James Proud, founder and CEO of Hello, wants to make sure you get a good night's sleep.
The 25-year-old wunderkind has built a company valued at about $250 million around a voice-activated device called Sense. About the size of a tennis ball, Sense is placed on your bedside table, and works with a quarter-sized tracking pill that clips to your pillow.
"It's your alarm clock. It's meditative sounds to help you fall asleep like rainfall and white noise. But it's also tracking your sleep," Proud told CNBC's "Squawk Box" on Friday.
"All these sensors are looking at everything in the environment, light sound, temperature. All of the things that affect your sleep, humidity as well," explained Proud, who said he taught himself to code when he was 9 years old.
Sense can also connect to smart home thermostats to automatically adjust temperatures as you sleep and wake up, he added.
"It's [as] if you have something on your wrist, but instead it's on the pillow," he explained. "When you put your head on your pillow, it starts tracking."
Proud, who appeared on the January 2017 cover of Forbes, was part of the inaugural class of The Thiel Fellowship.
Founded in 2011 by Silicon Valley billionaire Peter Thiel , the two-year program offers young entrepreneurs $100,000 to skip or drop out of college to pursue their dreams. The Fellowship said it does not take any ownership stake in the projects.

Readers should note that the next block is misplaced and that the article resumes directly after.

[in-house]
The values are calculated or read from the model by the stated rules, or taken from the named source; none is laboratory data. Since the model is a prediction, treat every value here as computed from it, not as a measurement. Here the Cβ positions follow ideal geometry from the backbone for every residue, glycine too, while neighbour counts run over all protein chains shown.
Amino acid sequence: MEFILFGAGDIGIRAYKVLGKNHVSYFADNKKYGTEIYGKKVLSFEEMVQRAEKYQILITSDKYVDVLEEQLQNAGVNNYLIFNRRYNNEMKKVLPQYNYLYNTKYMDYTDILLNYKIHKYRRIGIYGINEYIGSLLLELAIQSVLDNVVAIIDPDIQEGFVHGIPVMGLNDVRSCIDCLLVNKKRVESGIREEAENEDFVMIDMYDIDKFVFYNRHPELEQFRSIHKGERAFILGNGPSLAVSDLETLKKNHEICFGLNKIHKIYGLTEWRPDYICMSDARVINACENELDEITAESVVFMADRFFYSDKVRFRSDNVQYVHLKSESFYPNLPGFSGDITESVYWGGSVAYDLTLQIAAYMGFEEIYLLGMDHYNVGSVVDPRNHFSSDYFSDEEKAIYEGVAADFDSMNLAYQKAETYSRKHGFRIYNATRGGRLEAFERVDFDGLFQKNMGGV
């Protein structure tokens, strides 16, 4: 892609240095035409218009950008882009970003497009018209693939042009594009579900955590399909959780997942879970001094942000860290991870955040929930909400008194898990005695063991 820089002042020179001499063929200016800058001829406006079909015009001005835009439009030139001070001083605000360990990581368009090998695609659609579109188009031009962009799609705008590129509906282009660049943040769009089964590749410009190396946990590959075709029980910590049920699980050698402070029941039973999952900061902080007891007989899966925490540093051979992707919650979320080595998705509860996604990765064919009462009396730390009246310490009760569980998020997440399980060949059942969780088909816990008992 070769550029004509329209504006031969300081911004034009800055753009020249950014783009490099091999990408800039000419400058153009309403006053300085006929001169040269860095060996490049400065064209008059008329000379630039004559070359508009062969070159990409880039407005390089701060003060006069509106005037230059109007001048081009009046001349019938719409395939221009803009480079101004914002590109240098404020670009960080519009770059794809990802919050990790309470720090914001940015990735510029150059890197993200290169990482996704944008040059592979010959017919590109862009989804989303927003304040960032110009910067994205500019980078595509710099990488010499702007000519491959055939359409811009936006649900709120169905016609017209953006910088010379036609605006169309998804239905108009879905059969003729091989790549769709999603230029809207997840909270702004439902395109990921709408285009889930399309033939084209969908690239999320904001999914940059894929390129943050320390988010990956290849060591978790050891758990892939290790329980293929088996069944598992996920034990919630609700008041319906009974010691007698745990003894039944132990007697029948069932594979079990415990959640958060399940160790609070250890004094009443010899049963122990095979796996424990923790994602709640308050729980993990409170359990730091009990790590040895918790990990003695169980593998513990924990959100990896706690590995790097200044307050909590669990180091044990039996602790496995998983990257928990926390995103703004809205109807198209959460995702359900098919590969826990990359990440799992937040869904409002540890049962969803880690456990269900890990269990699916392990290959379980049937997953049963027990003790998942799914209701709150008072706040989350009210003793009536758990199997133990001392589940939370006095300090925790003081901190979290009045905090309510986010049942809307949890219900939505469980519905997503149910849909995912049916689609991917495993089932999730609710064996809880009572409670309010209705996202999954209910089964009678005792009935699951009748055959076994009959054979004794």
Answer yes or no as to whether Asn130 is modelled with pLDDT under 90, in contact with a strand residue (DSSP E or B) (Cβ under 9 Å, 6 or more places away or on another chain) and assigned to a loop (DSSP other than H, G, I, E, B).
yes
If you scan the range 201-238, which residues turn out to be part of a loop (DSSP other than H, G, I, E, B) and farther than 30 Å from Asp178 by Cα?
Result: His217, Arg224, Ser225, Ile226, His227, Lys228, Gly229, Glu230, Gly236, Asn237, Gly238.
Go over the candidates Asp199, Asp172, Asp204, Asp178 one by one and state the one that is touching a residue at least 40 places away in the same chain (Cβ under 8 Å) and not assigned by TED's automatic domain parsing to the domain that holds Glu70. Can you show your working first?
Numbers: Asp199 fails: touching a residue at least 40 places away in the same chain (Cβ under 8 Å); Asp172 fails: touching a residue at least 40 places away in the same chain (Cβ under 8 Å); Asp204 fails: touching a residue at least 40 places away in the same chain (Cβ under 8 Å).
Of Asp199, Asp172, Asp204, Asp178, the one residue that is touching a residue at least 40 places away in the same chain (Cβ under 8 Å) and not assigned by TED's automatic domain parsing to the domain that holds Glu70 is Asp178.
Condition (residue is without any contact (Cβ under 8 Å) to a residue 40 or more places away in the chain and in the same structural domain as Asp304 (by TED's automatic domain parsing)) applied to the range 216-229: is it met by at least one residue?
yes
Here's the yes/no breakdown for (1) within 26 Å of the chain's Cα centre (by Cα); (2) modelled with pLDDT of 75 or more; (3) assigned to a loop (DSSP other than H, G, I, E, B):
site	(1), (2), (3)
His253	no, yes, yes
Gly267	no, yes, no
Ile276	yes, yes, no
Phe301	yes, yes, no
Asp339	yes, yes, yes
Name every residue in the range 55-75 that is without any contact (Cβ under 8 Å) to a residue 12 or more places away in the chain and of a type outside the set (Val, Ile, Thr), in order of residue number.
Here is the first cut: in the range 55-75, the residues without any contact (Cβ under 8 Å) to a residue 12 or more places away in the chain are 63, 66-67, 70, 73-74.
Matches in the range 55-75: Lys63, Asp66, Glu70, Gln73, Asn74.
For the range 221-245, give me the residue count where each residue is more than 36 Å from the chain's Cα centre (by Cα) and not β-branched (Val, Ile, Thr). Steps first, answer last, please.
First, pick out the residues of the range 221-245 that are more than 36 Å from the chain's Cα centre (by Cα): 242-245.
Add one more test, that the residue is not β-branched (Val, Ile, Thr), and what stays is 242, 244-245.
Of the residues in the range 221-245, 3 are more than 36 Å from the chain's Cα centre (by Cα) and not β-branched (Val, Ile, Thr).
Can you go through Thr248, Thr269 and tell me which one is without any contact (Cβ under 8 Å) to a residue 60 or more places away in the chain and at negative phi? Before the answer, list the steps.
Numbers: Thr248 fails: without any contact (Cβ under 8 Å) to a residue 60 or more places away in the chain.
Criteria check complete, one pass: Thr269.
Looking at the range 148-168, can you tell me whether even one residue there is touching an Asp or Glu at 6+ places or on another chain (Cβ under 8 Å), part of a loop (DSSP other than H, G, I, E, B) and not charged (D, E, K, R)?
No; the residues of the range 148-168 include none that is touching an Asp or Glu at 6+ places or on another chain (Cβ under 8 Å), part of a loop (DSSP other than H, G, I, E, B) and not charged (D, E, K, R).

Proud was the first fellow to exit a company, selling in 2012 Giglocator, a concert-tracking website he started when he was 17.
He subsequently founded Hello, originally with a vision of making a better activity-tracker, which turned to the sleep space. In 2014, Hello launched a Kickstarter campaign with a goal of $100,000 — and made $2.4 million in a month.
The Forbes profile said Proud has since raised about $40 million for his startup, which has an estimated $250 million valuation. He owns about half of Hello.
In the bigger picture, Proud told CNBC he sees his products helping people live healthier and more productive lifestyles.
With all the talk about how to make health-care less expensive, he said, "I think there's a huge conversation being missed around preventative" medicine, he argued. "It's a lot cheaper to prevent being sick."